“Have you seen this Ted Talk?”

That is an invitation just as likely to be rejected as it is to be accepted. These days, we have thousands of Ted Talks (over 93,000 according to an estimate from one Quora contributor), not to mention the millions of similar videos populating the internet on YouTube, Vimeo, and other social media sites. It can be overwhelming to find the time to preview them all and find those that are the most meaningful to our context. If we aren’t careful, we can find ourselves watching yet another cat video. That’s a serious hole to fall into!

But when the invitation comes from a trusted friend in your community, the likelihood of actually watching the talk and finding value in it increases. Enter the TED talk below. It came highly recommended from a member of the Curriculum Trak community, and we found it to be filled with too many applications not to share. The title alone would capture the typical educator’s attention, but in his talk, Josh Green, author of The Fault in Our Stars and Paper Towns shares his own journey as a lifelong learner. To be clear, Green is not discussing curriculum mapping specifically. But, he is clearly discussing the value of a map to our learning journey. We wanted to highlight some of the connections and leave you to make others of your own.

First, one of the main points of his talk is to focus on the value of the ever-increasing video resources available on the internet. He even shares some of those resources, some of which he creates, that might help spark engagement and relevance for our students. One of the goals of curriculum mapping is to have a relevant framework (a map) to which resources like these can be attached and used as possible. The best instructional designers (teachers) are always looking for better ways to engage the heads and hearts of their students. In his talk, Green expands on the possibilities for such videos.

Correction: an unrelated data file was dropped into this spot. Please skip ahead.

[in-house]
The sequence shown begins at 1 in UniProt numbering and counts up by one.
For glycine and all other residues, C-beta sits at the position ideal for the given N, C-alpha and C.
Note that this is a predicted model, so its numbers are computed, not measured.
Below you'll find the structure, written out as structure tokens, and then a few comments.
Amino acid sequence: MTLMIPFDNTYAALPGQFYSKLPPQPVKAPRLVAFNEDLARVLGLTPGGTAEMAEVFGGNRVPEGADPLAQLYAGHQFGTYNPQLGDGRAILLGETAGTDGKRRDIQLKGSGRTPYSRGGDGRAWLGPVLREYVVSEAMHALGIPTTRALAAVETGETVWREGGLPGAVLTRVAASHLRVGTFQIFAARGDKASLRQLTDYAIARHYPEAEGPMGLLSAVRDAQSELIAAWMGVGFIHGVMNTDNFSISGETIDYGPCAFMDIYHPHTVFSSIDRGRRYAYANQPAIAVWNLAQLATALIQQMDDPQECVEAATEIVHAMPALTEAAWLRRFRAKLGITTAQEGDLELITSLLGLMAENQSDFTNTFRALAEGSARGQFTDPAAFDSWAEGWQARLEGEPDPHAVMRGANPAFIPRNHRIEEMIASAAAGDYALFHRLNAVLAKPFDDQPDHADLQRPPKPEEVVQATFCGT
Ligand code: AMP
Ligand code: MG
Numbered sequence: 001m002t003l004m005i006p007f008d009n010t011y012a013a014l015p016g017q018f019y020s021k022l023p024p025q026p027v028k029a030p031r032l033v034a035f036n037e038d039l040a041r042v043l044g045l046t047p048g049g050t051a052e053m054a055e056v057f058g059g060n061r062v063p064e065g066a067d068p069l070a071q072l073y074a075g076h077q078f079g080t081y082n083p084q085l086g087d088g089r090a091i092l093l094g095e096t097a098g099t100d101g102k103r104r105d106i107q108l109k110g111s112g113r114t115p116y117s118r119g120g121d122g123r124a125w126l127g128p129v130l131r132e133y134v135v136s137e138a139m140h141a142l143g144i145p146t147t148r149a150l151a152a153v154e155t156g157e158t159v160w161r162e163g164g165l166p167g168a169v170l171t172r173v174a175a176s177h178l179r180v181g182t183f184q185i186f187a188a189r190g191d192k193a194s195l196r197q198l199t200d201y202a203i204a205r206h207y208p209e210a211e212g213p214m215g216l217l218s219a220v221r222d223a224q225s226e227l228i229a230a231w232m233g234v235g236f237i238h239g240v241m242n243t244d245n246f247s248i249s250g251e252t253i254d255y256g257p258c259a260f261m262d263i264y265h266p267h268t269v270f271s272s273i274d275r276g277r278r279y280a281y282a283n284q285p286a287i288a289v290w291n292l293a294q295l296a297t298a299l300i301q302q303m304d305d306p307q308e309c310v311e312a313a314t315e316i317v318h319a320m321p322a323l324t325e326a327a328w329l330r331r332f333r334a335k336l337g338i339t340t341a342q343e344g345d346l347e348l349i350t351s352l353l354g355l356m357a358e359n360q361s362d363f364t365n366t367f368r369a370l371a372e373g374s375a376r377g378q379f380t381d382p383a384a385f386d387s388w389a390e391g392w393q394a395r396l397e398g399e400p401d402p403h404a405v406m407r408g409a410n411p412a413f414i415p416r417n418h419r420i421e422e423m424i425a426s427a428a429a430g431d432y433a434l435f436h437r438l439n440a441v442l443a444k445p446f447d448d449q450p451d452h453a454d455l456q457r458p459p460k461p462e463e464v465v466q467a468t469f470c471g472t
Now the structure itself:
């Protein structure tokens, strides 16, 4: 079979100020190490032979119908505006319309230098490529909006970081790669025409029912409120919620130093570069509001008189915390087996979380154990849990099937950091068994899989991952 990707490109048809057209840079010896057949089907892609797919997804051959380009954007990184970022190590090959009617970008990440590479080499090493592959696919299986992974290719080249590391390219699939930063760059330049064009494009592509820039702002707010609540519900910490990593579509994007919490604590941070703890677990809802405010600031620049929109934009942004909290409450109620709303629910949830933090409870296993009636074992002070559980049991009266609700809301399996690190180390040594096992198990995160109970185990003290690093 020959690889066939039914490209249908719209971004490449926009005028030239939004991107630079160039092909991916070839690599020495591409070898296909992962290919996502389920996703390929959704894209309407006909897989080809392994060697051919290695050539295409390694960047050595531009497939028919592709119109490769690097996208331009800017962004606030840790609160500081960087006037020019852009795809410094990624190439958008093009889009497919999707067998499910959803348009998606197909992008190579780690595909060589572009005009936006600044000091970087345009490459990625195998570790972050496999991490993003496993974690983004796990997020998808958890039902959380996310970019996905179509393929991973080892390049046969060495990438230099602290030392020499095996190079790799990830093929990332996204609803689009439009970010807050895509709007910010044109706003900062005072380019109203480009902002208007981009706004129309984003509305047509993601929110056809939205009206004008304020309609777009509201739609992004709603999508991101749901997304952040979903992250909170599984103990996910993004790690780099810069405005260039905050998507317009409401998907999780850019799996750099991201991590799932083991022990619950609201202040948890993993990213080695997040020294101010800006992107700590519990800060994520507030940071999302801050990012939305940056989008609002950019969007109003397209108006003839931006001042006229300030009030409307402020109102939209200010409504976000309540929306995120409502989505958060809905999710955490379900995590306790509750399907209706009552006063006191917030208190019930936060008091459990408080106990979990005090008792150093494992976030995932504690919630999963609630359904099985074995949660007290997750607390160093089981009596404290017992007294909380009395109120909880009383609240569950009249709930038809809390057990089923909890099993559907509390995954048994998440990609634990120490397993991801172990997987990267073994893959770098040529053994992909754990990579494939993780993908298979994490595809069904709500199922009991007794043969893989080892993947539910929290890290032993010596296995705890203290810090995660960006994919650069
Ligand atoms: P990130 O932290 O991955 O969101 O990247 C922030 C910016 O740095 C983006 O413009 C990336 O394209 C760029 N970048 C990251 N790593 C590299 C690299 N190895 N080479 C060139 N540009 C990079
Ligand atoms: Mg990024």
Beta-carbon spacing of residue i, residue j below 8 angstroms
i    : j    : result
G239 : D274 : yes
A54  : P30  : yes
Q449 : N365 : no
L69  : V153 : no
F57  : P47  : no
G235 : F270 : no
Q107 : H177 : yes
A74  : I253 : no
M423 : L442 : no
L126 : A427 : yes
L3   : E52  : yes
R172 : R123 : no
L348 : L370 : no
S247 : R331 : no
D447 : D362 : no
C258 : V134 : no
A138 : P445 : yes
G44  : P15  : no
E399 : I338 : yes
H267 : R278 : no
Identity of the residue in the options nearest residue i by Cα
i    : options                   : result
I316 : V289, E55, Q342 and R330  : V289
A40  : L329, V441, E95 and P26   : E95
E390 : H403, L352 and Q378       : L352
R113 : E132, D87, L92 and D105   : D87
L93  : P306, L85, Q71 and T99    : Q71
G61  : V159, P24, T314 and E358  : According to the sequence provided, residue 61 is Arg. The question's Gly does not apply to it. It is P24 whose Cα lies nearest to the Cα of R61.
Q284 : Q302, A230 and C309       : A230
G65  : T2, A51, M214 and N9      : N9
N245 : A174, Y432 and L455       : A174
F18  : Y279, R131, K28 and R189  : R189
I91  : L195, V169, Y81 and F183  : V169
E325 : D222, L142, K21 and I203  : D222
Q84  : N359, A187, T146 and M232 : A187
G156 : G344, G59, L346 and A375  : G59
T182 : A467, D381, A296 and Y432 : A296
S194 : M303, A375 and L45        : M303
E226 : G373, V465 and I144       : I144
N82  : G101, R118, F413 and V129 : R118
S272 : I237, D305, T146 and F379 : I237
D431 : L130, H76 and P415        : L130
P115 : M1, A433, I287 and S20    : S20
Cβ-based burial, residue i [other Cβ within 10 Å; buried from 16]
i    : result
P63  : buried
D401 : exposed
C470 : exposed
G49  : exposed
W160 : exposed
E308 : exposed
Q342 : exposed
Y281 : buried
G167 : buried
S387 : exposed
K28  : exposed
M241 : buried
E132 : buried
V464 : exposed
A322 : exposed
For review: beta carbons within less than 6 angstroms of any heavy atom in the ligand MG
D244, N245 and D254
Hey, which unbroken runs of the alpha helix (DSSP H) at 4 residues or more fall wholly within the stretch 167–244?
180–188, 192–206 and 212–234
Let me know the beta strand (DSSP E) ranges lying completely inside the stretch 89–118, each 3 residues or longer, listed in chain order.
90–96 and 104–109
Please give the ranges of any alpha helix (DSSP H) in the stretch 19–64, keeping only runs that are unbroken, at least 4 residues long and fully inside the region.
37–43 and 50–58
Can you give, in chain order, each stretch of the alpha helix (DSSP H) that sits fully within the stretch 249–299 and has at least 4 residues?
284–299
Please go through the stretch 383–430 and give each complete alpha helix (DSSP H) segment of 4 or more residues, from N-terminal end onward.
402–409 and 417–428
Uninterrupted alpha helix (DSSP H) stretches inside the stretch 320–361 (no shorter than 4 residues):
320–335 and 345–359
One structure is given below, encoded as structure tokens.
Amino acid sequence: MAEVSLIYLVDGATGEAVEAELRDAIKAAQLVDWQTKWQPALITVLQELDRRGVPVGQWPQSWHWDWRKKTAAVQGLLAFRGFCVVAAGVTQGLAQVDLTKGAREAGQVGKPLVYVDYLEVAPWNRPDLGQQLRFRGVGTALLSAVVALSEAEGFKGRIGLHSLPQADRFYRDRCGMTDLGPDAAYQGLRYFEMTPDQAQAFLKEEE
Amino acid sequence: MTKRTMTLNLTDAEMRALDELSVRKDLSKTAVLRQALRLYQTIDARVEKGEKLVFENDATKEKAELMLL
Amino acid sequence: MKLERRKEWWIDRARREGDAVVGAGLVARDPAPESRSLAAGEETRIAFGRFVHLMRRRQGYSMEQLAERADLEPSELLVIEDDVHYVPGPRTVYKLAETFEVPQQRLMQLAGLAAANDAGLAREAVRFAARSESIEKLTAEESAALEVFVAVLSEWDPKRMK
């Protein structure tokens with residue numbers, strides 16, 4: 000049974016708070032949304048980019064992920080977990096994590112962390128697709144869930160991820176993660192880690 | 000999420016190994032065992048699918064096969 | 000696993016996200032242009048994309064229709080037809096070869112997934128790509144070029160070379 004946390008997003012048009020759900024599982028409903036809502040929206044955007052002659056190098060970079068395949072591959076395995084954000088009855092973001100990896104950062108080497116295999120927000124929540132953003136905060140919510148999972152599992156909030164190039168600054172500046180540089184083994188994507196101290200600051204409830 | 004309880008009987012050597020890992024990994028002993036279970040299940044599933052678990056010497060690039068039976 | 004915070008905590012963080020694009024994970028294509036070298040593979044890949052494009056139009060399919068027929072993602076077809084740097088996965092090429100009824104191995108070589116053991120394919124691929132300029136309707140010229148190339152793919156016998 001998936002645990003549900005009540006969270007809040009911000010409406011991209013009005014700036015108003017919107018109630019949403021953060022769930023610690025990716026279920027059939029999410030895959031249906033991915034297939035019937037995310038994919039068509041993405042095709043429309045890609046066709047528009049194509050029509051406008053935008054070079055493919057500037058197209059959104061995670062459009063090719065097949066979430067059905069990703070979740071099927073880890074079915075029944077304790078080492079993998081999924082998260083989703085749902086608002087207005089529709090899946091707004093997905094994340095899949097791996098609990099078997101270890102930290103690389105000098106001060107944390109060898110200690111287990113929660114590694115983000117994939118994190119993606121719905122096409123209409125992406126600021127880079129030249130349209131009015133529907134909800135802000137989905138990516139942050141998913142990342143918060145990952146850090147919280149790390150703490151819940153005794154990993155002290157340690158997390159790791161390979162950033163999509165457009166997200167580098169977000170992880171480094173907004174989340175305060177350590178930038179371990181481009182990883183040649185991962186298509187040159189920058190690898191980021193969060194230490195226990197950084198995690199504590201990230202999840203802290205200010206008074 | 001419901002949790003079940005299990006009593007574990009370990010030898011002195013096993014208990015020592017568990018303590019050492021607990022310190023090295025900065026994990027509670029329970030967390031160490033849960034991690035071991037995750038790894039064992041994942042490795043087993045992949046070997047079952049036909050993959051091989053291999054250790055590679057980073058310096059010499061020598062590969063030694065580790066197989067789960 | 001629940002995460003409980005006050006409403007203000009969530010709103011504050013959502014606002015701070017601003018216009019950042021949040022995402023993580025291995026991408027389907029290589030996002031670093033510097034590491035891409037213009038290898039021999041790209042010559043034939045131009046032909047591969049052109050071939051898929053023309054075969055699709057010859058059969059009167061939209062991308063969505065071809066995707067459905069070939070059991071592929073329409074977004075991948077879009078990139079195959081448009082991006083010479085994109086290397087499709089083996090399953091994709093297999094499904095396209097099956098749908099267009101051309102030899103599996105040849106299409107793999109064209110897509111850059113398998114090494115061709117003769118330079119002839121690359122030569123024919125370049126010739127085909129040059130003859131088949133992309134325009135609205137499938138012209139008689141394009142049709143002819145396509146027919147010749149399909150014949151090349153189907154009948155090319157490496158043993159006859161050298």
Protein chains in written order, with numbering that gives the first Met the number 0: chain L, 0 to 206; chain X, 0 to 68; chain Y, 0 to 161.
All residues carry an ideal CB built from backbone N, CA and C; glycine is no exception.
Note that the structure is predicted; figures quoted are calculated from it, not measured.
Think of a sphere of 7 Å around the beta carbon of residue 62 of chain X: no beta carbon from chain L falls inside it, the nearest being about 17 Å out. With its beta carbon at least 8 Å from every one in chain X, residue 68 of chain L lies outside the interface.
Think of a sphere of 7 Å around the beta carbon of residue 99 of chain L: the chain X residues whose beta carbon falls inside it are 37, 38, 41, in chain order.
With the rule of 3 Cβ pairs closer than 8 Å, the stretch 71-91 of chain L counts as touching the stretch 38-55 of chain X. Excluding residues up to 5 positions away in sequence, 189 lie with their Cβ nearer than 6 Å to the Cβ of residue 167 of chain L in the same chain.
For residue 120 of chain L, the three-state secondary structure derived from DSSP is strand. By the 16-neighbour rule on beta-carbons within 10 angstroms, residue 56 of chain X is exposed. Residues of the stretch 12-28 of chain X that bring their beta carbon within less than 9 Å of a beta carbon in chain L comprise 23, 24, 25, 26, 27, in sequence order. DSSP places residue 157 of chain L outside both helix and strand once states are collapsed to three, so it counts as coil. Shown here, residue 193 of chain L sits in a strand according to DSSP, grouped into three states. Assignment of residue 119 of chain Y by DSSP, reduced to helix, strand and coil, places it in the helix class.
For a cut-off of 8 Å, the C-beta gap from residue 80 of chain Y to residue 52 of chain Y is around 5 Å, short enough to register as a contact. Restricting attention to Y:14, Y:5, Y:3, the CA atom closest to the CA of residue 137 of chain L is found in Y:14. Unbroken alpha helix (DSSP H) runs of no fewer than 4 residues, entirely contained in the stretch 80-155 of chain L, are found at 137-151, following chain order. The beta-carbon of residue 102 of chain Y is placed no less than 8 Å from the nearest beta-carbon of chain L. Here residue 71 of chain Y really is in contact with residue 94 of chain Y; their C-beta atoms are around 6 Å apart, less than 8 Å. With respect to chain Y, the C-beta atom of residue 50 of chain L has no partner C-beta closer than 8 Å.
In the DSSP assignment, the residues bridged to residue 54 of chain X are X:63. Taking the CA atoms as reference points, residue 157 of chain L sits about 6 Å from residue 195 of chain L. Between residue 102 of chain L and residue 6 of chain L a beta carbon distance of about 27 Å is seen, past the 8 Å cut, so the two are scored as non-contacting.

Green goes beyond noting that the internet is rapidly filling with wonderful resources. He highlights the value of being connected to a true learning community and how, increasingly, there are learning communities surrounding these internet-based resources. Comments, discussion boards, and other avenues not only allow students to connect with the latest and greatest ideas of authors and experts in a variety of fields, but they also allow for real engagement and collaboration among other interested parties including those authors and experts. Green says he hangs out in the comments of his own YouTube videos to interact with his audience. What an opportunity! Obviously, there are safeguards we need to put in place around such engagement in a school setting, but the benefits to be gained through the connections with thought-leaders in our world today are also worth exploring. At the very least, we need to maximize the value of a learning community by engaging in, promoting, and encouraging life-long learning. Curriculum mapping can help support that in instructional teams. 

Green begins and ends his talk with a cartography analogy. The applications to instructional planning (and curriculum mapping) are quite profound throughout his talk. For us, it underscores the value of curriculum mapping as a practice. The quote below seems to capture it best: 

“The great thing about imagining learning as cartography instead of imagining it as arbitrary hurdles that you have to jump over is that you see a bit of coastline and that makes you want to see more.”

– John Green


Enjoy the talk! 


Editor’s Note: If you have similar resources you believe the Curriculum Trak network would find helpful, consider sharing those on the Curriculum Trak Facebook and Twitter pages.